Last Chance  8S0
8apphire  is
'J*** ���  40
Sovereign.  an
Roco  140
Ivanhoe  so
Treason Vault  si
From Throe Forks
Wj^Mjnes  tm
WUdGoose!!!"!'" *u
MonrtoVT..........v.;;;:...:    2
From Whitewater.
Whitewater  a��
Jackson  im
Bell ........: p,
From McGuigan.
Rambler  74
Dordaneiles  i&
_     Great Western  ��j
From New Denver.
Bisan  fan
Marion  ��>
From SUverton.
Fidelity.  s
Wakefield       mo
Emily Edith         40
Total     ifln
The estimates and rrupplimentary
estimates were presented last week.
For the financial year ending June
30th, 1900, the receipts are estimated at
$1,589,989, and the expenditures at
���1,764,873. There are many radical
changes in the details of expenditure.
The grants to hospitals, for instance,
estimated at #40,000, are to be paid ou
the basts of 1500 to each, and 50 cents
per diem for the actual treatment of
everv patient The only grants ro
resident phvsicians provided are: Aab-
croft, 8800; 'Nicola, 8100; lower part of
Cariboo, 8500: 150-Mile House, 9300:
Salt Spring Island, e_()0; and West,
Coast, 1500
Tbe public works appropriations include $10,000 for Government building*
at Atlin and other places in Caasiar
The wall and bridge appropriations
intitule tho following: Tiale. North.
���11,000- Vale, East. ��18.000; Vale, West,
89.000; Lillooet, East, $4,000: Lillooei.
West, 84.000; Cariboo, 89.000: Kootenav,
East, North and South, $9,000 each;
Kootenay West, Revelstoke, Nelson,
Slocan, and Rossland, $15,000 each;
Cariboo trunk road. 824,000.
In the supplementary estimates for
the currentyear,ending*.fttne 30th next,
there is provided tor a court house at
Rossland, $9,000 additional, and for a
court house at Nelson $5,000 additional.
The appropriations for tbe Slocan
division or West Kootertav. for the vnar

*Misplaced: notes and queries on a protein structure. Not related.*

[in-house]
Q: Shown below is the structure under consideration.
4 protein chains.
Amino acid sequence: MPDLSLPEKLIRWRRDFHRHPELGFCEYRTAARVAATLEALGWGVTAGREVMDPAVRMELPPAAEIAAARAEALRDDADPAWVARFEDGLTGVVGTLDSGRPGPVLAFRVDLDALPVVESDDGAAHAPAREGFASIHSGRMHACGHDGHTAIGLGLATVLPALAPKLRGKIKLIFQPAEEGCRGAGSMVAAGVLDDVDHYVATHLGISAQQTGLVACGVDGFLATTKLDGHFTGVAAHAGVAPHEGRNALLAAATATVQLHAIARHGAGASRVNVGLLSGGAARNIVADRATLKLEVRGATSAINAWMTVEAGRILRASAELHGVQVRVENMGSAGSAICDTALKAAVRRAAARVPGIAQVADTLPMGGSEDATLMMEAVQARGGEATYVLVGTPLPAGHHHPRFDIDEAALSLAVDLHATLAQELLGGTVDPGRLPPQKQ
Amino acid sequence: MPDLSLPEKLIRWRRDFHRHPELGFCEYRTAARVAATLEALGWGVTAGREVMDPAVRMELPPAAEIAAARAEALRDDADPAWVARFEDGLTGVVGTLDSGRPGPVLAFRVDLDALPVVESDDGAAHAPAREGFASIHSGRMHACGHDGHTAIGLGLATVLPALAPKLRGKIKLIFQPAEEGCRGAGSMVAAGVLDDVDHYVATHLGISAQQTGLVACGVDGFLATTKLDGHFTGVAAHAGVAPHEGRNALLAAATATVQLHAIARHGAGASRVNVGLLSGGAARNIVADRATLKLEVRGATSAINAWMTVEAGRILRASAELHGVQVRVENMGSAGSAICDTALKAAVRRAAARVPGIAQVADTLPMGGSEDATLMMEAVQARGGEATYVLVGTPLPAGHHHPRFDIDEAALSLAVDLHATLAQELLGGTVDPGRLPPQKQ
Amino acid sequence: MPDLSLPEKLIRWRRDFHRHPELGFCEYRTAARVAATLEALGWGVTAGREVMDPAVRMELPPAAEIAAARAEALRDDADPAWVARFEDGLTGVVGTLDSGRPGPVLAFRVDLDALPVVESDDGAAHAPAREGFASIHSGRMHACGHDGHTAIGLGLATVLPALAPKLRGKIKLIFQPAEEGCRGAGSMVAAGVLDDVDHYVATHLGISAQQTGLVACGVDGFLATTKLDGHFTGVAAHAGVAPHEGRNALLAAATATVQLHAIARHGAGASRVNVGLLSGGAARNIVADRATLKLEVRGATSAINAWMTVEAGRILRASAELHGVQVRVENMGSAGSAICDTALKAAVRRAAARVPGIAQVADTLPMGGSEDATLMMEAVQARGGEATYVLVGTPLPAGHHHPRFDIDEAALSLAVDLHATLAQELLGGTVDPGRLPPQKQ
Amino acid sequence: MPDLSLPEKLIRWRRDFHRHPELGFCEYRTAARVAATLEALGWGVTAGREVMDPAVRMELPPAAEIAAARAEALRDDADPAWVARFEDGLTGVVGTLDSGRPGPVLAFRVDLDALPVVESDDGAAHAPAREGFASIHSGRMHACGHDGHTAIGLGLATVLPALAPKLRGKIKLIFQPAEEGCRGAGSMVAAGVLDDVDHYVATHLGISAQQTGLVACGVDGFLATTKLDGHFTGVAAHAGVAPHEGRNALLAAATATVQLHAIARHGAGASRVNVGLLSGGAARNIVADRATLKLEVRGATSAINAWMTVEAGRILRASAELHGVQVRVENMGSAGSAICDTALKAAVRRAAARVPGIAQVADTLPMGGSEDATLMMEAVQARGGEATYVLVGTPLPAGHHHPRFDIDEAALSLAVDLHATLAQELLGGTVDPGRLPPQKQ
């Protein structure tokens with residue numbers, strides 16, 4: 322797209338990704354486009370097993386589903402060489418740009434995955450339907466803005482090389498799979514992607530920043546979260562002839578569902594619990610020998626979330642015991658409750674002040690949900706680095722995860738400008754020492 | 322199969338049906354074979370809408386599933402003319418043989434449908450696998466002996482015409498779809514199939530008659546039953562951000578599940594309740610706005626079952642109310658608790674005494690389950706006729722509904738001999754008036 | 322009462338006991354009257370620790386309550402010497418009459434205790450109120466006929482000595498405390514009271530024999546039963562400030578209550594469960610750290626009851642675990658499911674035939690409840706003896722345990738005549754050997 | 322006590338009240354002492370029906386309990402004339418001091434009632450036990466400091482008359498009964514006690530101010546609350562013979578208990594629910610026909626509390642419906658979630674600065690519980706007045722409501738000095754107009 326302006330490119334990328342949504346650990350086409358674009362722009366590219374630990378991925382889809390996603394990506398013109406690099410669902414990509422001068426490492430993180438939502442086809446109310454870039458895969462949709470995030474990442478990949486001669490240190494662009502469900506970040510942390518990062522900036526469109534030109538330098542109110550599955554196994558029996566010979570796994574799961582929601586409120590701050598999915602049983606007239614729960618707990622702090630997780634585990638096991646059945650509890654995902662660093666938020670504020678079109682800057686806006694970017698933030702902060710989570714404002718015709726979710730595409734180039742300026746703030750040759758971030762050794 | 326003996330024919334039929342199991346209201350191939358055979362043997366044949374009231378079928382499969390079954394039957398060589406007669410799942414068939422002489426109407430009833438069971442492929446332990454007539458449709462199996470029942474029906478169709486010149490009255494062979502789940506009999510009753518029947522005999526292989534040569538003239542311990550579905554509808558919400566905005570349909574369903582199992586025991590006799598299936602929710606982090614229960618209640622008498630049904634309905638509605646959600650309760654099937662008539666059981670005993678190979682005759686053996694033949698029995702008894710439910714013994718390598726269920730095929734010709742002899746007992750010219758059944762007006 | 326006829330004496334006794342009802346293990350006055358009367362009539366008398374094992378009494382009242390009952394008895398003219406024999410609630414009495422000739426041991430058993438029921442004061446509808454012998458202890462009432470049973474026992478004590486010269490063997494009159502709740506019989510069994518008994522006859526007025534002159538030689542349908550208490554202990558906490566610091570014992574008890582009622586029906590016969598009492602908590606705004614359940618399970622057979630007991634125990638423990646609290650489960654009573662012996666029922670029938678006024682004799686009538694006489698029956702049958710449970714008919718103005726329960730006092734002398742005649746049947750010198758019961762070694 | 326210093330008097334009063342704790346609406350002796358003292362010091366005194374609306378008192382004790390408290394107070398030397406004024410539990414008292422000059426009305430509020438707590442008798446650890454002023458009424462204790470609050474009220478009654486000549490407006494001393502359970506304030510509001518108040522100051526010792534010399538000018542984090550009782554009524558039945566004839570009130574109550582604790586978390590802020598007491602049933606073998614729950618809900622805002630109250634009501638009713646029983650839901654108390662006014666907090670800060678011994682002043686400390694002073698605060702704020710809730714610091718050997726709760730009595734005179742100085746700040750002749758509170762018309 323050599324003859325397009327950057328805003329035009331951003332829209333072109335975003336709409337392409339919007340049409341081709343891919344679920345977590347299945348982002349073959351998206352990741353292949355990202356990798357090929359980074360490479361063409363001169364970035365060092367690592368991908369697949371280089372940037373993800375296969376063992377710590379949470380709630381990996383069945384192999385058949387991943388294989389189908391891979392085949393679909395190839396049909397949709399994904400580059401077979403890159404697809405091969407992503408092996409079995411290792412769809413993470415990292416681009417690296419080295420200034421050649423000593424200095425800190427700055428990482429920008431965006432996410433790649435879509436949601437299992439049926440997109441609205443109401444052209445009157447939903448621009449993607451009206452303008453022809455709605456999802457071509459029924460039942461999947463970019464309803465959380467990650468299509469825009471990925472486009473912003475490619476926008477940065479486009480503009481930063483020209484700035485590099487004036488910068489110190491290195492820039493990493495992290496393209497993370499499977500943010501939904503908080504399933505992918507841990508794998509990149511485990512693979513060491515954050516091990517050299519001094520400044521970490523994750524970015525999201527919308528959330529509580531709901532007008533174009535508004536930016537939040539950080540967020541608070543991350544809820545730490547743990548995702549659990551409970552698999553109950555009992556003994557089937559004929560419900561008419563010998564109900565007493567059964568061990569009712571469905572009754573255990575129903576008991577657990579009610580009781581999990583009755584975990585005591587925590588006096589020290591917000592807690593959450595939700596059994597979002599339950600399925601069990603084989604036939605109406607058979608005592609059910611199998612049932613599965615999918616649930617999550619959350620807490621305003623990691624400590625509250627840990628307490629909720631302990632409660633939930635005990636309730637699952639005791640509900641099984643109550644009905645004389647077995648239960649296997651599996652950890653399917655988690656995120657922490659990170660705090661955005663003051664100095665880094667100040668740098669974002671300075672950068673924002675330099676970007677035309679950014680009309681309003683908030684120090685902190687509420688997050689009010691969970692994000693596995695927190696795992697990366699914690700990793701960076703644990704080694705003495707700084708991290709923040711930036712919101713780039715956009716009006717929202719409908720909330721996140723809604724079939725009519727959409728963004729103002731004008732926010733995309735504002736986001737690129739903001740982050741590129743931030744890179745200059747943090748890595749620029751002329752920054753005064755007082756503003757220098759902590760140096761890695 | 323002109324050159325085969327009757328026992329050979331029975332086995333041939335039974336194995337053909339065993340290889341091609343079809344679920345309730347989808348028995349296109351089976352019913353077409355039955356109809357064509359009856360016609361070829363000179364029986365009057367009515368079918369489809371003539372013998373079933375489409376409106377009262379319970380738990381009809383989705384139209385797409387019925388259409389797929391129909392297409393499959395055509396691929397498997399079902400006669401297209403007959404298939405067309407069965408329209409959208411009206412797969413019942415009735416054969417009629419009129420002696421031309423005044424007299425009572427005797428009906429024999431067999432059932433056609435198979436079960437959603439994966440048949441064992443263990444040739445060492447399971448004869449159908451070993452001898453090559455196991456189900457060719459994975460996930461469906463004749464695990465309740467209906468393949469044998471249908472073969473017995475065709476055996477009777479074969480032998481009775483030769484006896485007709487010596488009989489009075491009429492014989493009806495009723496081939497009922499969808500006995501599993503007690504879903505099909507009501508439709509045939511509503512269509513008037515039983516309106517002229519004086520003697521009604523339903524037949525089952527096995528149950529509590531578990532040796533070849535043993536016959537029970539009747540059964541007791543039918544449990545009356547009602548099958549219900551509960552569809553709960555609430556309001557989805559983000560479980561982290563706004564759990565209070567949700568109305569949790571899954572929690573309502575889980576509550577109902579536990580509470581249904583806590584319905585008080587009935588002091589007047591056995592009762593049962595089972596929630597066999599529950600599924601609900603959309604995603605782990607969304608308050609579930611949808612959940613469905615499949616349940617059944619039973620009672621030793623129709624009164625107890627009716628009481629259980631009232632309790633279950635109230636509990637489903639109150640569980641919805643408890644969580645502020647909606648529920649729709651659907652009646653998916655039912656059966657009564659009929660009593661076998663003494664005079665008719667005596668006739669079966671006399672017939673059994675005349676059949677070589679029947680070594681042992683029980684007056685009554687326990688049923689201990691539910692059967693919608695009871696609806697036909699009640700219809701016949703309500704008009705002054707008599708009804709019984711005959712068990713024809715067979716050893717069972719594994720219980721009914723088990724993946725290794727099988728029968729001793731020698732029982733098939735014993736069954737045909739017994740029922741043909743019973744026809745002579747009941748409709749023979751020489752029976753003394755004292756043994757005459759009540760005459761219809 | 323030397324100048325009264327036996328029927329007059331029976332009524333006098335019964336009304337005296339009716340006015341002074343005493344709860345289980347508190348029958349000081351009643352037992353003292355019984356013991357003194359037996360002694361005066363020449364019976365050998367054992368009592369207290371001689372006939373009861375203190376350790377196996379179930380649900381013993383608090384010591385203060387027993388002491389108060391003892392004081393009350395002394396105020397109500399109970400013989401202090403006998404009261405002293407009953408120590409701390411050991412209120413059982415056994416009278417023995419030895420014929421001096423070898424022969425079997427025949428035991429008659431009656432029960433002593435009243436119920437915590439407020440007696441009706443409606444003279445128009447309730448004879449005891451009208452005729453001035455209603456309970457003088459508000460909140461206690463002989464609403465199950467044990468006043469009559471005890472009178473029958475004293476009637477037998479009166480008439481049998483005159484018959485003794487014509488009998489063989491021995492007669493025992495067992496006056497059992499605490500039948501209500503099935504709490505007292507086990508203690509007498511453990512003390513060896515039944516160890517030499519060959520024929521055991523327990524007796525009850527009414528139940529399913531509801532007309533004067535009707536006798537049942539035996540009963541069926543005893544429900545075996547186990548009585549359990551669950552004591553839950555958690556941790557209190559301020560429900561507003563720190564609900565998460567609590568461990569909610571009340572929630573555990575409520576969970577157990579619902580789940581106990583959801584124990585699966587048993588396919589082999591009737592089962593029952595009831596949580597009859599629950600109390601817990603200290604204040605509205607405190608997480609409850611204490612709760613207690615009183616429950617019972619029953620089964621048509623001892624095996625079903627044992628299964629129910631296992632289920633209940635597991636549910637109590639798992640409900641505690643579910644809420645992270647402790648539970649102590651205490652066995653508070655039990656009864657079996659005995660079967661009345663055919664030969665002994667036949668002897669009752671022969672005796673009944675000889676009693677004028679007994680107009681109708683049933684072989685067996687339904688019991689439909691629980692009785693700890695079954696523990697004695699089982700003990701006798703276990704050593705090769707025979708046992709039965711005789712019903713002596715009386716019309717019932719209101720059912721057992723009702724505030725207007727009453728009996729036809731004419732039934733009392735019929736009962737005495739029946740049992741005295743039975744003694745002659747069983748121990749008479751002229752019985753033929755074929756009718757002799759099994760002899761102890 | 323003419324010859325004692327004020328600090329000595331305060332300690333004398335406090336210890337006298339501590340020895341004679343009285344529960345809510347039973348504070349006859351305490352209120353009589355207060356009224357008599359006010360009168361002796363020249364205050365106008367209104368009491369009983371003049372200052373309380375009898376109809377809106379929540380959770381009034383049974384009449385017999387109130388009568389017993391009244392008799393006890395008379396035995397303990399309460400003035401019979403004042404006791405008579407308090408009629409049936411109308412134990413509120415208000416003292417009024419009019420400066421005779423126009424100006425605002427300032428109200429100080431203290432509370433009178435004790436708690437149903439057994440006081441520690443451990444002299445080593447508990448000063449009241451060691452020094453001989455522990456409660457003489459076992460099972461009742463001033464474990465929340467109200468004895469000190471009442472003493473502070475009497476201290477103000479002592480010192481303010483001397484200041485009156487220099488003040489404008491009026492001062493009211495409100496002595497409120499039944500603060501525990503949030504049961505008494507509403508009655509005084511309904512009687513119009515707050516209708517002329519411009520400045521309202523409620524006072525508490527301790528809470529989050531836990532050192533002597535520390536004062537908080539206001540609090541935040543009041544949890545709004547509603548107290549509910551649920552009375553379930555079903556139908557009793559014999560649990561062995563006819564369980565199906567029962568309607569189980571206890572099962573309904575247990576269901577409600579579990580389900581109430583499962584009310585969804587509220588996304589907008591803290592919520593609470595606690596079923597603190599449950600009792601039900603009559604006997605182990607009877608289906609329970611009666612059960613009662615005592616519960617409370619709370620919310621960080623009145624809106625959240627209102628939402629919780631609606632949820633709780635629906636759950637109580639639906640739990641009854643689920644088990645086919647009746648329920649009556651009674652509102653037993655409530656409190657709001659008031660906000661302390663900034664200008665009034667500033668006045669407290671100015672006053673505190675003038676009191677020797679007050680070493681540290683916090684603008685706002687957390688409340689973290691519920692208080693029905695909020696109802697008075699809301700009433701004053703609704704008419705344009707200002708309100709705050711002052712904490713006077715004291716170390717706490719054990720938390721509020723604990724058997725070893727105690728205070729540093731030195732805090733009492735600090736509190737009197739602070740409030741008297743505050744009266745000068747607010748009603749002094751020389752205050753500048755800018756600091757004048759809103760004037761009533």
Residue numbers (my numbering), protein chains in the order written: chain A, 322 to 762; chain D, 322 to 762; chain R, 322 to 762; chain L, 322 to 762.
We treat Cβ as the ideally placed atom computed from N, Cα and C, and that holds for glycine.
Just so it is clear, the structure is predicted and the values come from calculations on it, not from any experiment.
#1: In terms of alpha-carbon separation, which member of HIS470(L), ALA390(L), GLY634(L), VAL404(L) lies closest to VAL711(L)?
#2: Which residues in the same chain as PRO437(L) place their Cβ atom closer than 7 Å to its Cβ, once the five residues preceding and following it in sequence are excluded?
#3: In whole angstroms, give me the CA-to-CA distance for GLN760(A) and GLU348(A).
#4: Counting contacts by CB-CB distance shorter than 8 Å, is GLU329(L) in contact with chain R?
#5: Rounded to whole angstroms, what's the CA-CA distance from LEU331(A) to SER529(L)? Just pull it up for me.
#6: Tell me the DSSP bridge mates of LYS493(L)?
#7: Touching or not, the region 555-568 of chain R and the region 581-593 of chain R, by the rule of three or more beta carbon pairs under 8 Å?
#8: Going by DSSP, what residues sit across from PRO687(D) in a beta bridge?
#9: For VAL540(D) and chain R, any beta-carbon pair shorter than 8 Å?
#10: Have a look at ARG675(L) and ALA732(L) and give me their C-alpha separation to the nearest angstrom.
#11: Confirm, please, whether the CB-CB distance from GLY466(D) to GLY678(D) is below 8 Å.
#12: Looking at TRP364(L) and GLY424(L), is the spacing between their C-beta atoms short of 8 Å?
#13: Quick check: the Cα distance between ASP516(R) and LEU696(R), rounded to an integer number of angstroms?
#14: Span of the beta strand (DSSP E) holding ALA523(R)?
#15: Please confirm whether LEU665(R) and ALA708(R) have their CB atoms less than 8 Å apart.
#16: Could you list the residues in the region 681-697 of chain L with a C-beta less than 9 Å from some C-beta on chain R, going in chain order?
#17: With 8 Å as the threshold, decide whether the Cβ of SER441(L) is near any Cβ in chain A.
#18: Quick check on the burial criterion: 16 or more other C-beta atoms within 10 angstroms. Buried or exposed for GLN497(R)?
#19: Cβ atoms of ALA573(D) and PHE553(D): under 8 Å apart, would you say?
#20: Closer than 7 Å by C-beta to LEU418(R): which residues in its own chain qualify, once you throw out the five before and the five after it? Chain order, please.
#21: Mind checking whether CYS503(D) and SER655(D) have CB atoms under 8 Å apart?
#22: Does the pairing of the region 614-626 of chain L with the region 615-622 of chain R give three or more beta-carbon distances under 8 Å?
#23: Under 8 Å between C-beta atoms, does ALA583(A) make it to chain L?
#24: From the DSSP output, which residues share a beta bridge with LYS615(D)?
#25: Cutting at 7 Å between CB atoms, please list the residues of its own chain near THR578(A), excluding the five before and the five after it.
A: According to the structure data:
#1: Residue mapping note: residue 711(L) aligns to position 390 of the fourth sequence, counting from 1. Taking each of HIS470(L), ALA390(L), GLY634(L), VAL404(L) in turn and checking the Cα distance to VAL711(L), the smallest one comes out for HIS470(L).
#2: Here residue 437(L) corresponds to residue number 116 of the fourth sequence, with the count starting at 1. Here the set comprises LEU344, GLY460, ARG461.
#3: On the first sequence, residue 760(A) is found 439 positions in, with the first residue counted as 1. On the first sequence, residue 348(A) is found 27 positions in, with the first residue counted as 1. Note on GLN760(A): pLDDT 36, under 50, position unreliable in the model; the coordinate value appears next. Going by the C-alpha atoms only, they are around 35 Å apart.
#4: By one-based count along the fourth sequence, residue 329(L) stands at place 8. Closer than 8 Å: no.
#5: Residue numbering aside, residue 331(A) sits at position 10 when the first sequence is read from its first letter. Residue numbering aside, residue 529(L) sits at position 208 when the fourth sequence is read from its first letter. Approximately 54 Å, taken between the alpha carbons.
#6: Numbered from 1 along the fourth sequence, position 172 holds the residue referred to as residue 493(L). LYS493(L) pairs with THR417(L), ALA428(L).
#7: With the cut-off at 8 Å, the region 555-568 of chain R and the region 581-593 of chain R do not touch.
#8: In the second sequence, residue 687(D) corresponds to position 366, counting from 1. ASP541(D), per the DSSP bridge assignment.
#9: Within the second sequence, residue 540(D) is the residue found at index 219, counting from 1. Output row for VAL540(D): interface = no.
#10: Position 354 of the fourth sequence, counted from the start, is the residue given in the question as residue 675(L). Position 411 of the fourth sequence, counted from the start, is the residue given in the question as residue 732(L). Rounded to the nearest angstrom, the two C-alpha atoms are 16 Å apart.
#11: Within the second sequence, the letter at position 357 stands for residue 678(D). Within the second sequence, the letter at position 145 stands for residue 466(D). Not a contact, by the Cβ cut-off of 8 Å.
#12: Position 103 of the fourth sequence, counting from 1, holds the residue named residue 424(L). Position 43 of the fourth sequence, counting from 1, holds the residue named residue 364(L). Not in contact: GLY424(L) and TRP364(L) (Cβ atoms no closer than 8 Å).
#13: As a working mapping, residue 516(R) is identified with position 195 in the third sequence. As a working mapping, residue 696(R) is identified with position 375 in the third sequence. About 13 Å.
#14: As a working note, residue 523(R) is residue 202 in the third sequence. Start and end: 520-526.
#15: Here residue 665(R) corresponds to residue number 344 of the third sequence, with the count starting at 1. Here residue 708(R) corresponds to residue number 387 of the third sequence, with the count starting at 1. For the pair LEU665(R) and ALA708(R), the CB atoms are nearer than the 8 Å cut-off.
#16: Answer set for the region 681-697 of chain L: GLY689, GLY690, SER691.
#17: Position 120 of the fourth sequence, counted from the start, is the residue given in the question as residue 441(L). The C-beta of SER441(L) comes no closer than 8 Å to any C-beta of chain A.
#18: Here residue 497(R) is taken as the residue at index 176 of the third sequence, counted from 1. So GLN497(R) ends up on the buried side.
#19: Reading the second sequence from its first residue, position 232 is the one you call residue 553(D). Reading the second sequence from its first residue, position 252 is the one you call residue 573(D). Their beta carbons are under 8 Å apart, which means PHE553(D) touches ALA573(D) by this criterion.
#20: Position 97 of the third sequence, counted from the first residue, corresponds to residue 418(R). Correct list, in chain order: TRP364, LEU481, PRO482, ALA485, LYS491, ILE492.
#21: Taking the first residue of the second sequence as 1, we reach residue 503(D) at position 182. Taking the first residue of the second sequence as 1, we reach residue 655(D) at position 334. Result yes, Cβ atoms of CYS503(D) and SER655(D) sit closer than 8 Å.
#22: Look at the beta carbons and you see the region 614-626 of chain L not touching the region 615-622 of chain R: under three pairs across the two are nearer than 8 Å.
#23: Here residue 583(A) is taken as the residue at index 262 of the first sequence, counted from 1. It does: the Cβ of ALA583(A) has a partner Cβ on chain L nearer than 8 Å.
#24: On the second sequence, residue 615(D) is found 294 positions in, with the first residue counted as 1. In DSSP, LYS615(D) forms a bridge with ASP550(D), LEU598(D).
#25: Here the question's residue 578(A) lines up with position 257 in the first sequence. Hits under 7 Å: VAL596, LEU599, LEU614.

ending June 80,1900, areas follows:
Assessor and collector	
Mining recorder 	
Registrar, county court
Fire department	
Recorder's ofllre (oki debt) .
t   to
s���ocax MisisQ nrvisioff.
Roads and Mdm,	
Public school. Sloean City
Public school. Sandon. .
Public school. HBvsrtoa
Mining recorder. STomn CHv.......
Mining recorder. Nakusp	
Mining recorder. New Denver	
Repair* to while buirdiitgs	
Collector. Nakitspp	
Registrar. New Denver	
Publfc- school. New Denver	
School teacher. Hand mi	
Fit* department. Sandon	
..     Sj0O>
..      1,M>
1       son
Total $7t.m
The stock of tbe Payne Mining Company, of British Columbia, Limited, waa
listed 00 tbe Toronto Stock Exchange
the other day, and on tbe Mining Ex-
chsnge. The report of the company,
from its commencement until April
30th, 1898, the date of the last annual
mooting, shows almost unprecedented
success. It is a record of advancement,
and no apology need be made for quoting it in full. The report ia signed by
Mr. W. L. Hoge, President, and Mr.
F. E. Sarbent, secretary, aod reads as
"We bave the pleasure of submitting
to you the following brief report of the
Payne Mining Company, from the commencement to April 30tb, 1898, and
including returns received on all ore
shipments to that date. It is in no
f*"* *r9*?rt of the operations of the
Payne Mining Company alone, but cov
era also the period from October, 1896,
to April hit, 1887, during which time
the mine was operated by Messrs. A.
r * u5"ne' 8coM McDe����ald, and W.
h. Hodge, the owners, who, however,
turned over to this Company all the
profits realised during that period after
deducting the cost of operating, sai.i
profits amounting to $85,000. The shut
down of the mine in April, caused by
furnished us with an opportunity to
make s complete statement, snd we
hsve made it to cover the entire output
of the mine from the beginning, think
ing such a statement would be more
satisfactory to tbe present stockholders
of the company than a statement from
April, 1897, when the company took possession of the property.
There were mined and shipped to
the smelters during that period 17,-PiK
tons of dry ore, which yielded 1,831,800)1
ounces of fine ailver, and 17,78fUHD
pounds of lead, and netted the Company
1973 932.45.
The profit and lost account shows a
credit balance of $8_7,08iU_, of which
amount 1550,0000 in dividends have heen
paid, leaving s balance on hand of $77,-
0K9.43 in cash and book aop*ounta.
The company haa thus paid in dividends more than 00 per cent- of its re*
ceipts over and above the purchase price
of the mine, all the improvements and